Credit Card Debt Takes Toll on Relationships of Chicago Couples
Maybe the best gift you can get your significant other this Valentine's Day is to come clean about your credit card debt and make a commitment to solving the problem together, perhaps with help from Chicago bankruptcy.
Studies have pegged debt right up there with infidelity as one of the top causes of breakups and divorces in the US. But often it's not the debt itself that's the problem.
As many as 80 percent of spouses hide purchases, bank accounts, or credit cards, according to a survey by CESI Debt Solutions.
Chicago bankruptcy lawyers have spoken with many clients who spent years hiding credit card debt and other money woes from a spouse or partner, ultimately damaging the relationship and allowing their financial troubles to spiral out of control.
It's true that debt causes stress, and stress can take a toll on your relationship. But hiding debt causes something worse: communication breakdown.
Spouses who hide the severity of their debt frequently suffer from depression and other health issues due to the anxiety of bearing their burden alone. The spouse kept in the dark often becomes suspicious and untrusting, and - when the debt is exposed - feels angry, resentful, and betrayed.
In most states, both people in a marriage suffer a reduced credit score and are considered liable for debt, even if one partner is mainly responsible.
There's truth to the old saying that two heads are better than one. Not only can working together with your partner help you come up with a more rational solution for dealing with debt, but it can also keep you on the same page, reducing feelings of helplessness or resentment.
Of course, it's unrealistic to assume that simply talking about finances will make relationship stress disappear. But being open is a start.
Most financial advice for couples is limited to tips on saving money for a house or how to separate bank accounts. But what happens when just rearranging the budget isn't enough to pay the bills and pay down debt?
Often times, bankruptcy can provide the most realistic solution when debt has become unmanageable. With a Chapter 7 or Chapter 13 bankruptcy, most or all of a couple's unsecured credit card debt can be eliminated, saving years of accumulating interest - and a lot of stress.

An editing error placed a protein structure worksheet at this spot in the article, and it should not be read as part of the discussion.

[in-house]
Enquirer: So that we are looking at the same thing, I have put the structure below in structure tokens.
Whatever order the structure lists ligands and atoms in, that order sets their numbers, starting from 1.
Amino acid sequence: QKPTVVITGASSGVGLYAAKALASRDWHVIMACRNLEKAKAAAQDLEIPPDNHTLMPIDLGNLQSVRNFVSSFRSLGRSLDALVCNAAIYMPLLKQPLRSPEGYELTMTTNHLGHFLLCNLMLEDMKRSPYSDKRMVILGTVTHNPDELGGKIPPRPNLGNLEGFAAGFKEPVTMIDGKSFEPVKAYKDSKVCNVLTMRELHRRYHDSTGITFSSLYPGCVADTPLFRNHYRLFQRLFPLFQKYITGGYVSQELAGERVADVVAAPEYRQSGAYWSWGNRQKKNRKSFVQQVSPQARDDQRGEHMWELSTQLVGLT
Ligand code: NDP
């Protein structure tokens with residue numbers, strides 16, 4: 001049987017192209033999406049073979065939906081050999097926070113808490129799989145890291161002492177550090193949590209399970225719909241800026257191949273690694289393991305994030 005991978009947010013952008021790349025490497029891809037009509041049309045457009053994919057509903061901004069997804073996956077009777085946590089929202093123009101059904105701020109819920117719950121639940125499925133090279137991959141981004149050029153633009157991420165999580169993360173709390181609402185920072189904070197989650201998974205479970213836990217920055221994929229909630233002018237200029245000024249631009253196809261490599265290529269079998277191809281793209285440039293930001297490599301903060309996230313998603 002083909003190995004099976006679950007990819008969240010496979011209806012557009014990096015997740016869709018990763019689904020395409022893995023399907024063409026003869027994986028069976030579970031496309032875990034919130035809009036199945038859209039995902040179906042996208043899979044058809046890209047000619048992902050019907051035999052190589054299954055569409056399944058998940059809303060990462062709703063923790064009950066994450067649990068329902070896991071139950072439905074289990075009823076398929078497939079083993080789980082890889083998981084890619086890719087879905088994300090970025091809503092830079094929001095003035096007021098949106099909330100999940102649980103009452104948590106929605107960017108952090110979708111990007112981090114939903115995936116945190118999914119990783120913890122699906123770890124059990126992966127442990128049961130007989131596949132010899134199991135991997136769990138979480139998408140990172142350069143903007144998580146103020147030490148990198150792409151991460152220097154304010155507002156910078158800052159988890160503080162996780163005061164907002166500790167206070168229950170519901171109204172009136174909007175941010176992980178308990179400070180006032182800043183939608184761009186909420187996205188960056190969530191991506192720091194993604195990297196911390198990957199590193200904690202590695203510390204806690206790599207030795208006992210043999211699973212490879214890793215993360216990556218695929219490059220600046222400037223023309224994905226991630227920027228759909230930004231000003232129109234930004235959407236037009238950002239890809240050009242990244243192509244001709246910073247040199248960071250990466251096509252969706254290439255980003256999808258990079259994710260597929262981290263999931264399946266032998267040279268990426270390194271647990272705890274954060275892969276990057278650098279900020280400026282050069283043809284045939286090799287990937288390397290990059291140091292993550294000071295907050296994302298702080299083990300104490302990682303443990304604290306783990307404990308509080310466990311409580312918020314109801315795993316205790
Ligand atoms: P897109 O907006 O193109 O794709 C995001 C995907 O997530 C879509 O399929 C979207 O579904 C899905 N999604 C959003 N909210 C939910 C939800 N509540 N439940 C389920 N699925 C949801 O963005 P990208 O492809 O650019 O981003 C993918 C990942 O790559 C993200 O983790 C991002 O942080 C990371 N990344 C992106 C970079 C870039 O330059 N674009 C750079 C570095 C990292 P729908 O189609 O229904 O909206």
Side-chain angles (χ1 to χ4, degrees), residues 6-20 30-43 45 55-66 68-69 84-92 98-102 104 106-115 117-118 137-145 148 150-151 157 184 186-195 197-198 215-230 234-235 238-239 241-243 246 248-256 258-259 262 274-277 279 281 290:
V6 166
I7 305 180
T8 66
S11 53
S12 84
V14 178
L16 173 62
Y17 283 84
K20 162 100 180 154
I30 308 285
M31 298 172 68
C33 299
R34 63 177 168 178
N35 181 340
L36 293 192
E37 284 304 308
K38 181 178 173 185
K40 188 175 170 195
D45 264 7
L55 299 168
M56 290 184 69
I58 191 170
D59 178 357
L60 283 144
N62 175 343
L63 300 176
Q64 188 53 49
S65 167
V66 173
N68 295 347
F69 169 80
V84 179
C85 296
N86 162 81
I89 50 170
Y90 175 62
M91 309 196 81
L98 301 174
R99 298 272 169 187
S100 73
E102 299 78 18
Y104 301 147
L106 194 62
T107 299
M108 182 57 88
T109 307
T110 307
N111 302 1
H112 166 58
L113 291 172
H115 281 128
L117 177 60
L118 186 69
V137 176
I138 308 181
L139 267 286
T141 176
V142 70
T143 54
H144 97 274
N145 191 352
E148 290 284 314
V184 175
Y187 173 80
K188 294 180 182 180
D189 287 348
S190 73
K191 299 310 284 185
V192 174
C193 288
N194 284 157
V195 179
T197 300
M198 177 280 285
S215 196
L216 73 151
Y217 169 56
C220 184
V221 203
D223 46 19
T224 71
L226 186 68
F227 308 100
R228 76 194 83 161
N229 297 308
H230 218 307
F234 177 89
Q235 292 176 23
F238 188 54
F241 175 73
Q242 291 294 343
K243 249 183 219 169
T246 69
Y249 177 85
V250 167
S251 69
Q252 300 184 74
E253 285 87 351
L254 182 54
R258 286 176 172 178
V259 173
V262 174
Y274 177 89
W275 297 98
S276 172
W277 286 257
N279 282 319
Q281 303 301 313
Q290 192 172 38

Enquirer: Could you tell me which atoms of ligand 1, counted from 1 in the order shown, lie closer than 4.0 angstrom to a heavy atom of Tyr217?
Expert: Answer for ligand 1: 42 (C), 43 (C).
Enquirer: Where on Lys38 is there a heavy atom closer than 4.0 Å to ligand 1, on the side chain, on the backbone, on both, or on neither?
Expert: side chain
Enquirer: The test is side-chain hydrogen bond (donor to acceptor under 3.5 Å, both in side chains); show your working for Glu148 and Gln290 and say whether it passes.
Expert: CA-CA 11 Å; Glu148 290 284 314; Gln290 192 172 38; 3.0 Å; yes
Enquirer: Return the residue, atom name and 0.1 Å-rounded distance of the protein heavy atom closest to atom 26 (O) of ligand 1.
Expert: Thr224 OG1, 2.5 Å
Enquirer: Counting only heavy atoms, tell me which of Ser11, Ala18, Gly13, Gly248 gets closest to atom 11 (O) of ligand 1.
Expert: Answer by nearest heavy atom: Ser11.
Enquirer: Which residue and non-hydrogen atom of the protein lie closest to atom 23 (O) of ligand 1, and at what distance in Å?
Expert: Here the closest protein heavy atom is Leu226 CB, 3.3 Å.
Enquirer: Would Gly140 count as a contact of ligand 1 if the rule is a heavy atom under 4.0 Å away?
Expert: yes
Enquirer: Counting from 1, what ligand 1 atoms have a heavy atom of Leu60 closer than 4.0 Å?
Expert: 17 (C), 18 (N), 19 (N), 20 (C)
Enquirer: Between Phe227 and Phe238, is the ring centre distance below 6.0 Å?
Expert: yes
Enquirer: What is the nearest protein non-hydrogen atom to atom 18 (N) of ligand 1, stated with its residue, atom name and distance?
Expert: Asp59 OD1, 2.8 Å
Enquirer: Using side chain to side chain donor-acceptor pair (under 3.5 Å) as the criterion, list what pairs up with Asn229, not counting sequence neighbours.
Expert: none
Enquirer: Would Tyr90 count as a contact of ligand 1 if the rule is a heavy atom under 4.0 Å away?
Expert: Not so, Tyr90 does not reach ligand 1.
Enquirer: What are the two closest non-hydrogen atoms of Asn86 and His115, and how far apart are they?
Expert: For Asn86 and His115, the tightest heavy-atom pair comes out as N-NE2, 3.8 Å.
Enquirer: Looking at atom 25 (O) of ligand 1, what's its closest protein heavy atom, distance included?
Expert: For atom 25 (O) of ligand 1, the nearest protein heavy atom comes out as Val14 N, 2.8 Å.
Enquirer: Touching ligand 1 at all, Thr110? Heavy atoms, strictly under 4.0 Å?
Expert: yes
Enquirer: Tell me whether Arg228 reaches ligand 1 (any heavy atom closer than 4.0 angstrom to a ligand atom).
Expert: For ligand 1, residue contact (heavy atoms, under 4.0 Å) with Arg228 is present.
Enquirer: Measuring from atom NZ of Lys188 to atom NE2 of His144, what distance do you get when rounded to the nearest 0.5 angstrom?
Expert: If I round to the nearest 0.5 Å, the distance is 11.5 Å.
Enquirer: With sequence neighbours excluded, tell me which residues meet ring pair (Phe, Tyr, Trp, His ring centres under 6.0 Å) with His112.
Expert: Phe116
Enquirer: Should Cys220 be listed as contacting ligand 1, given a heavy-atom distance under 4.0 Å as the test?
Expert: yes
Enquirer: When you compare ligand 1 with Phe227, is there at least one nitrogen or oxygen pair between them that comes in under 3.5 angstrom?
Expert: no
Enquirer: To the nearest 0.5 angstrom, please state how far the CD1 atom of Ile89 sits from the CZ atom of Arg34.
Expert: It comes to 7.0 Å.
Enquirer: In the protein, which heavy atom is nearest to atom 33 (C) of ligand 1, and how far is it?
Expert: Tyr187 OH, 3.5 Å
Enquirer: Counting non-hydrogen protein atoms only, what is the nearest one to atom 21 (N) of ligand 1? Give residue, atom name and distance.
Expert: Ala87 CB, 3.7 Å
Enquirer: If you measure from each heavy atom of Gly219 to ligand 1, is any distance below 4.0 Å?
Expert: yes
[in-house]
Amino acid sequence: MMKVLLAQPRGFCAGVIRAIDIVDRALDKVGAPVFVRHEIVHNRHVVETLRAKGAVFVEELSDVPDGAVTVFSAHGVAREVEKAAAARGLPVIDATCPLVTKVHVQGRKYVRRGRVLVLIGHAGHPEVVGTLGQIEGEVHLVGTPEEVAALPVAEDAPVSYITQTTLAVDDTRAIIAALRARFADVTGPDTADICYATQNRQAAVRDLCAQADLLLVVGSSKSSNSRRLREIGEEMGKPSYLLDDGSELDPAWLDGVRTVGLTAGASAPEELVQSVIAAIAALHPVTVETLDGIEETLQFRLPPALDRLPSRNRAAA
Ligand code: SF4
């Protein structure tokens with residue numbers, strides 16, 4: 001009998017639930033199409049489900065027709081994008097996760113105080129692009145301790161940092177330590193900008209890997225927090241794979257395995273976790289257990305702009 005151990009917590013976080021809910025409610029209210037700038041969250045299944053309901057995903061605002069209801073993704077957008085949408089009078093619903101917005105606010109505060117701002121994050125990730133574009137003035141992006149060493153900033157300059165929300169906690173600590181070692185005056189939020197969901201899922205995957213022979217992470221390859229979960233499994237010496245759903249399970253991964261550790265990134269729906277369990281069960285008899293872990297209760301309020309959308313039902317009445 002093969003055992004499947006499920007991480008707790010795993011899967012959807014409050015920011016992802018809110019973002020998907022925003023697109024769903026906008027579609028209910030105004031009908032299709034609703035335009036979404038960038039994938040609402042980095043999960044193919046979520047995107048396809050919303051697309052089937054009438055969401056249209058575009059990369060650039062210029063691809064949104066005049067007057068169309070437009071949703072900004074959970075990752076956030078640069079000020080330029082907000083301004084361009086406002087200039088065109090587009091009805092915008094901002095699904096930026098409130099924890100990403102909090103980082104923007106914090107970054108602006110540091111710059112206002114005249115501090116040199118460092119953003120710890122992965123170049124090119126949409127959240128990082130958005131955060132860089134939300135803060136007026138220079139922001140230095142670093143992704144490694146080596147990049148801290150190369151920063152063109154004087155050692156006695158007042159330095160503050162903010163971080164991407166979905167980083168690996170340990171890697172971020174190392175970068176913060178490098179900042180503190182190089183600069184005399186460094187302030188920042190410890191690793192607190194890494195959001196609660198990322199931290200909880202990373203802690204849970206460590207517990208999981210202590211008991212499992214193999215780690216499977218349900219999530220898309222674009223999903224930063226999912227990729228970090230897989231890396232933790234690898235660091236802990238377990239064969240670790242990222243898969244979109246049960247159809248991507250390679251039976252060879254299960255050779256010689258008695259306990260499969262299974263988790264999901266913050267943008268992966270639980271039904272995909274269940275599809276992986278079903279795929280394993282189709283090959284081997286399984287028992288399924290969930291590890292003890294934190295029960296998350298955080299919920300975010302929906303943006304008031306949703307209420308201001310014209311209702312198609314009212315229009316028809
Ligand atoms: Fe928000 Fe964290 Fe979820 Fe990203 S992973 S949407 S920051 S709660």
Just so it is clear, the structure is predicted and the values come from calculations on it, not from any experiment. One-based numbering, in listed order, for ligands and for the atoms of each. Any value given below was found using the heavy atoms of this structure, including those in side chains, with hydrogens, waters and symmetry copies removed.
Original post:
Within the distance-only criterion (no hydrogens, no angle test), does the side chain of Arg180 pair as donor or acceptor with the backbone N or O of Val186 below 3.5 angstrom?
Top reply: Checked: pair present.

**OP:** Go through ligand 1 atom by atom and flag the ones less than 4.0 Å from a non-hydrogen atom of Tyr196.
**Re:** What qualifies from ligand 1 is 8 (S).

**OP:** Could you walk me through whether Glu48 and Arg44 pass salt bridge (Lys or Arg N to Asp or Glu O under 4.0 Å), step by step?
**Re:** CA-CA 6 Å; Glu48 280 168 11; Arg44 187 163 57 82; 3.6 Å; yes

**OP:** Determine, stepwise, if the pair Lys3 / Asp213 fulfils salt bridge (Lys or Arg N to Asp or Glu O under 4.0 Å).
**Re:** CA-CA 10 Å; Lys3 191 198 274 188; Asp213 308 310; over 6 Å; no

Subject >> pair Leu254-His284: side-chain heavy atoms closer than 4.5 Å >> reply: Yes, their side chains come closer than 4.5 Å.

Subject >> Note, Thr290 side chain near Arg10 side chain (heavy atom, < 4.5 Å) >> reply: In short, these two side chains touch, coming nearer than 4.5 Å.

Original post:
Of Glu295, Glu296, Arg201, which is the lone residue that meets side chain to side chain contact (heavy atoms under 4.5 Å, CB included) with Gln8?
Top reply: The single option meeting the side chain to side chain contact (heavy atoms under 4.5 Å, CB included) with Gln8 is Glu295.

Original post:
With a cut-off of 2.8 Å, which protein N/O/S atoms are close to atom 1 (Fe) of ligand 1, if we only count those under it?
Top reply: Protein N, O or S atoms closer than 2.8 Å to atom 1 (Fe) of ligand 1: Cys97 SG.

In the meantime, here are a few tips from CNNMoney on how to maintain your relationship while battling debt.
Have the Money Talk Early On
Ideally, take some time before you get married to sit down and talk about where you stand financially and how you intend to handle finances together. A relationship can survive without perfect finances (for instance, you may decide to eliminate debt with a tighter budget or bankruptcy) but it can be very difficult if partners aren't financially compatible to begin with. It's a good idea to find out whether you share financial priorities before your finances become legally tied.
Look for Red Flags
Does your spouse only pay with a credit card? Have you noticed a lot of new bills sitting around the house - some for purchases you didn't know about? Or perhaps you haven't noticed any bills because your partner has been squirreling them away? When you attempt to talk to your significant other about money, do they seem resistant - or even angry? You may need to get to the root of a financial problem - and seek financial help together.
Go Over Your Finances As a Couple
Make a point to get periodic credit reports (you're legally allowed one free annual credit report from each credit bureau) and go over them together. It may not be realistic to share every nickel and dime you spend, but couples should at least have a basic understanding of how much is being spent and saved by each party.
More Blog Entries:
Are Your Financial Secrets Hurting Your Relationship?, February 1, 2011
80 Percent of Spouses Lie About Spending, Chris Friedrich, CreditCards.com
Financial Infidelity: Catching a Cheating Spouse, Jessica Dickler, CNNMoney